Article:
MIT scientists have built and flown the first-ever Star Trek-inspired plane with no moving parts, paving the way for quieter, simpler aircraft with no combustion emissions. Instead of propellers, the light aircraft is powered by an “ionic wind” — a silent but mighty flow of ions, which generates enough thrust to propel the plane over a sustained, steady flight. Unlike turbine-powered planes, the aircraft does not depend on fossil fuels to fly, according to the study published in the journal Nature. The new design is completely silent unlike propeller-driven drones.
“This is the first-ever sustained flight of a plane with no moving parts in the propulsion system,” said Steven Barrett, associate professor at Massachusetts Institute of Technology (MIT) in the US. “This has potentially opened new and unexplored possibilities for aircraft which are quieter, mechanically simpler, and do not emit combustion emissions,” Barrett said.
Such ion wind propulsion systems could be used to fly less noisy drones in the near future, researchers said. Barrett said the inspiration for the team’s ion plane comes partly from the movie and television series, “Star Trek.” He was particularly drawn to the futuristic shuttle-crafts that effortlessly skimmed through the air, with seemingly no moving parts and hardly any noise or exhaust.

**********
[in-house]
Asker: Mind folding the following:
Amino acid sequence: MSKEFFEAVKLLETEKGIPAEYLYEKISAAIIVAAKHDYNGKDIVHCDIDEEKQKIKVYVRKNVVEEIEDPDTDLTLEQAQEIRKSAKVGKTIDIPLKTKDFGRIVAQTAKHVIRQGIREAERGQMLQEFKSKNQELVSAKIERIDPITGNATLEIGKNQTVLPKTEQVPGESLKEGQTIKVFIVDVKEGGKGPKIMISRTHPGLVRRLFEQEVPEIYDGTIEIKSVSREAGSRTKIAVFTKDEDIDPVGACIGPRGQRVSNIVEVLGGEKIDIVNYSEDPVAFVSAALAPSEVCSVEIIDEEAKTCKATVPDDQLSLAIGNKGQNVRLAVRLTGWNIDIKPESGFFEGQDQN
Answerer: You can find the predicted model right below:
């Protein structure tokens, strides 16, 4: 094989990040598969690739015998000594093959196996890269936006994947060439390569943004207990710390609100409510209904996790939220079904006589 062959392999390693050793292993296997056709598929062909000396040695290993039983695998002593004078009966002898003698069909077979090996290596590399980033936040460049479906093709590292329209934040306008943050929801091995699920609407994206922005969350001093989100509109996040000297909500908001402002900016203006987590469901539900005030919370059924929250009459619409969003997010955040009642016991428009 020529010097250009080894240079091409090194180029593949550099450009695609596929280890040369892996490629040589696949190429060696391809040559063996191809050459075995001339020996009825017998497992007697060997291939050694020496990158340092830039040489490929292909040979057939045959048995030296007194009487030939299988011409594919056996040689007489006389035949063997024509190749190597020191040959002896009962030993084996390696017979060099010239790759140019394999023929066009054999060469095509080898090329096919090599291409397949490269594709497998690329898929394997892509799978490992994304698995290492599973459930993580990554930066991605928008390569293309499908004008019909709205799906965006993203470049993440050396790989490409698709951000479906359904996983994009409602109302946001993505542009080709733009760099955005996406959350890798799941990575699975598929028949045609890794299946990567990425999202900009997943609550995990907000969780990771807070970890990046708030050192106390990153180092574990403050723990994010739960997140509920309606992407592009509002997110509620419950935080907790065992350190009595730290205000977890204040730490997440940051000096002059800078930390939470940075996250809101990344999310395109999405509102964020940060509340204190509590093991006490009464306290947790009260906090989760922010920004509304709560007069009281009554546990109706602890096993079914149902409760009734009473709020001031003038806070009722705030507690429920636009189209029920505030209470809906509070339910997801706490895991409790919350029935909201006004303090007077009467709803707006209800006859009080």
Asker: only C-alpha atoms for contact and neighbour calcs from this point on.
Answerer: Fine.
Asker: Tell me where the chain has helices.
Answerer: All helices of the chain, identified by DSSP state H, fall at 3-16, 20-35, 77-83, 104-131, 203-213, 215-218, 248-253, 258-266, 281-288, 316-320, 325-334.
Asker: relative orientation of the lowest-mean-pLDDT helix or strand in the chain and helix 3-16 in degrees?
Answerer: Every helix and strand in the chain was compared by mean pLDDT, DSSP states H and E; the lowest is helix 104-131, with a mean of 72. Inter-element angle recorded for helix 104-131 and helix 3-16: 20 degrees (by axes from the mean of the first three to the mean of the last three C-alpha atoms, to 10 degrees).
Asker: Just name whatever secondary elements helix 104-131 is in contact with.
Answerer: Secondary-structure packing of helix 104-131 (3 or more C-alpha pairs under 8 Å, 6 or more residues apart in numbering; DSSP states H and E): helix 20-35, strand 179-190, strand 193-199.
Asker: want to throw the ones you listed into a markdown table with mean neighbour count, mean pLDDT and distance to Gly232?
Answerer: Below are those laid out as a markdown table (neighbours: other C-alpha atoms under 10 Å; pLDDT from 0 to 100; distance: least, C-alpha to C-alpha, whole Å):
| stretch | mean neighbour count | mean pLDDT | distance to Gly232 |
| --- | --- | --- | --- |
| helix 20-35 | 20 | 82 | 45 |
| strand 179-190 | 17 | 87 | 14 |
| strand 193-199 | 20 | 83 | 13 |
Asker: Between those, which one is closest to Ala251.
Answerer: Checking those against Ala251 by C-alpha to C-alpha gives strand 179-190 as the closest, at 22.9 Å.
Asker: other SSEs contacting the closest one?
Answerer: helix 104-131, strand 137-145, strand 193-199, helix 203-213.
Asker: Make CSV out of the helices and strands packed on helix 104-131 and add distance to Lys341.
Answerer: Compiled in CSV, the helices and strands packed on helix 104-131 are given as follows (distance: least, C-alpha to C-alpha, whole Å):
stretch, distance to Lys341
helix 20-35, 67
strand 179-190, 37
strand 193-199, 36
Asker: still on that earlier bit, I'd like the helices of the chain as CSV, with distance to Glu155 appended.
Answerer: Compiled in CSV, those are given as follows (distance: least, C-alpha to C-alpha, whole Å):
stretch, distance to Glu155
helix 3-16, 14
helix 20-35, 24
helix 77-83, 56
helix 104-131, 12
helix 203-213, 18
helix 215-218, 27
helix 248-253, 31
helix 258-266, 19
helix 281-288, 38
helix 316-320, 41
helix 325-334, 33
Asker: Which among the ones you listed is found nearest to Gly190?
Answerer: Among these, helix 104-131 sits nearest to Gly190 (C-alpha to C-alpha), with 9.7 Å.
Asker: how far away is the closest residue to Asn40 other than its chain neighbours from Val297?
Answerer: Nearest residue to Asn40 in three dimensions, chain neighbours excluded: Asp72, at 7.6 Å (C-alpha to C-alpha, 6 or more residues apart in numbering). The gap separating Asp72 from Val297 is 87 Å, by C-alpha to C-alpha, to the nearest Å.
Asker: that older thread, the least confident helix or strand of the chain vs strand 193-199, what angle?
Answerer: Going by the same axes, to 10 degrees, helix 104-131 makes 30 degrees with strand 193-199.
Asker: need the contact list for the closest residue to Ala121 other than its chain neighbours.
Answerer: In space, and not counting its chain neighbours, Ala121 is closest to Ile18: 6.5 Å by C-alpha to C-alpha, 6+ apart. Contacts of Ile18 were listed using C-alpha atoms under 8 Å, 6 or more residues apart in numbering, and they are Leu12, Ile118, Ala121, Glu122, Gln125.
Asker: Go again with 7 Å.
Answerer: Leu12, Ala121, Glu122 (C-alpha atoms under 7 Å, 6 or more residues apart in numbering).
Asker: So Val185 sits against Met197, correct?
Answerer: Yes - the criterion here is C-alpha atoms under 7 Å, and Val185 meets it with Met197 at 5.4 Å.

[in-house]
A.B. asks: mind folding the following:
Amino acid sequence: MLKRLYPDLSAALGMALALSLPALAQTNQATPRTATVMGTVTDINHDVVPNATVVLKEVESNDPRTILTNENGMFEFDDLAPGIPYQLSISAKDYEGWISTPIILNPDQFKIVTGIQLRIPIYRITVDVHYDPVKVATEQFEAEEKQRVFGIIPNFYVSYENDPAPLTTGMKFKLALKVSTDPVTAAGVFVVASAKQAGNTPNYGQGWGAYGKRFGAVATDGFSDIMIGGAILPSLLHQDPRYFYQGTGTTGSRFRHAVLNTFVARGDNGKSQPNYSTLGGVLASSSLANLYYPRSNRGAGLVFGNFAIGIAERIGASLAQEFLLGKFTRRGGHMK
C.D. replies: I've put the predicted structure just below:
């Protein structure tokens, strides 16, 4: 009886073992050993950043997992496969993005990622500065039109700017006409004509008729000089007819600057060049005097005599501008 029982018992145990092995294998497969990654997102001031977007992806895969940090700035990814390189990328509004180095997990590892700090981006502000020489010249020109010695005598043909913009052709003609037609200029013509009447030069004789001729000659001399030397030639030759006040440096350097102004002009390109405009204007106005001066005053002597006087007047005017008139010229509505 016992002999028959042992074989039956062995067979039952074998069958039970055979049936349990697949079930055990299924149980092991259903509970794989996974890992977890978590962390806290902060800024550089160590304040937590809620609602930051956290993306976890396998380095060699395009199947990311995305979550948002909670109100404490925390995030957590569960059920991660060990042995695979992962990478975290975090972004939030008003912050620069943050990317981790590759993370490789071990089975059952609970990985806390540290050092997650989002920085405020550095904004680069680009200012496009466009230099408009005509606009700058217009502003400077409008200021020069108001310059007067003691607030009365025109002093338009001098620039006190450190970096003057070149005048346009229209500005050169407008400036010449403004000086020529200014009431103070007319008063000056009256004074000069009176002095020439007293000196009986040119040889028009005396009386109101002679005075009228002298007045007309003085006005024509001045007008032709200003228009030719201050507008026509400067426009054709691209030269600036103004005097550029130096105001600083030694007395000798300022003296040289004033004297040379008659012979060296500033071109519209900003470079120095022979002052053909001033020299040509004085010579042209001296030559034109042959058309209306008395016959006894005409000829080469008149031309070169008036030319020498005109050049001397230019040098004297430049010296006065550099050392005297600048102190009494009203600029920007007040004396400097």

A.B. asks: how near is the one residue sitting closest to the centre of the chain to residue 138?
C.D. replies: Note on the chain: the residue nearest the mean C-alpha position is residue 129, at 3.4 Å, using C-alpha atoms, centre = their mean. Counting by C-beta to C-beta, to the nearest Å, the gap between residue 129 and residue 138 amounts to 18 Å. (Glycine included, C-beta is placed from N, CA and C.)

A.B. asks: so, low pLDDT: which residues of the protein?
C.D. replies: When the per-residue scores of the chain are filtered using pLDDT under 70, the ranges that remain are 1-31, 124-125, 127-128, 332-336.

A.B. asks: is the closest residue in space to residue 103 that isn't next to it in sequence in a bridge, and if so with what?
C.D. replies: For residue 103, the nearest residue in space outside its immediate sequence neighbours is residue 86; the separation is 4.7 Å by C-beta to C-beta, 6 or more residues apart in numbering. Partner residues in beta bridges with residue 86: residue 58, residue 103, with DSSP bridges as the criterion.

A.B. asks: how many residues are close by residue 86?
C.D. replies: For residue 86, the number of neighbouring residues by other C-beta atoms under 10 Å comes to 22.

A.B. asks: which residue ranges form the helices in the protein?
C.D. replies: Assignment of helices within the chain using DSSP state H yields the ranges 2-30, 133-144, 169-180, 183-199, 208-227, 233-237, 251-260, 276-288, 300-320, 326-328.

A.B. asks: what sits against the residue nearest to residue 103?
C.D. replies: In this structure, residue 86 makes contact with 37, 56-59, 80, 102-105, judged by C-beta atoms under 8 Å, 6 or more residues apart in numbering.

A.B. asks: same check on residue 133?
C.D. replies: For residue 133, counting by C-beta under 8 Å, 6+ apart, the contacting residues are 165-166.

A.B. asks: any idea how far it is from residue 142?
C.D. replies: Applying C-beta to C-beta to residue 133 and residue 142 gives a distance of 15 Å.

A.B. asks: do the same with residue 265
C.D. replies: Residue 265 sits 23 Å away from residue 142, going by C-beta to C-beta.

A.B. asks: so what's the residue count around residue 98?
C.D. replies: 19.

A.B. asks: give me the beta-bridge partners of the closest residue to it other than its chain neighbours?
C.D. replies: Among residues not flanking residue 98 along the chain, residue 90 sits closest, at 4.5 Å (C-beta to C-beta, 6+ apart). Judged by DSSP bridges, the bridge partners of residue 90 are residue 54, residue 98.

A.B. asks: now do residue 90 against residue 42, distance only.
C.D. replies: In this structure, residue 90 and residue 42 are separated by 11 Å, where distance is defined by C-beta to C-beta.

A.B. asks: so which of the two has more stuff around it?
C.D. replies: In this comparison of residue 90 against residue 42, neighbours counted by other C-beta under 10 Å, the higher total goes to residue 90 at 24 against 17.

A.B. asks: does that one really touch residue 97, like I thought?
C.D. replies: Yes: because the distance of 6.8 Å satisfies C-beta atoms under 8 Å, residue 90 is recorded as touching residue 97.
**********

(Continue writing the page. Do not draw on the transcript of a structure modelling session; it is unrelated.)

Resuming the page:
“This made me think, in the long-term future, planes shouldn’t have propellers and turbines,” Barrett said. “They should be more like the shuttles in ‘Star Trek,’ that have just a blue glow and silently glide,” he said.
It was largely assumed that it would be impossible to produce enough ionic wind to propel a larger aircraft over a sustained flight. The team’s final design resembles a large, lightweight glider. The aircraft, which weighs over two kilogrammes and has a five-metre wingspan, carries an array of thin wires, which are strung like horizontal fencing along and beneath the front end of the plane’s wing. The wires act as positively charged electrodes, while similarly arranged thicker wires, running along the back end of the plane’s wing, serve as negative electrodes.
The fuselage of the plane holds a stack of lithium-polymer batteries. Barrett’s team designed a power supply that would convert the batteries’ output to a sufficiently high voltage to propel the plane. In this way, the batteries supply electricity at 40,000 volts to positively charge the wires via a lightweight power converter. Once the wires are energised, they act to attract and strip away negatively charged electrons from the surrounding air molecules, like a giant magnet attracting iron filings.
The air molecules that are left behind are newly ionised, and are in turn attracted to the negatively charged electrodes at the back of the plane. As the newly formed cloud of ions flows towards the negatively charged wires, each ion collides millions of times with other air molecules, creating a thrust that propels the aircraft forward.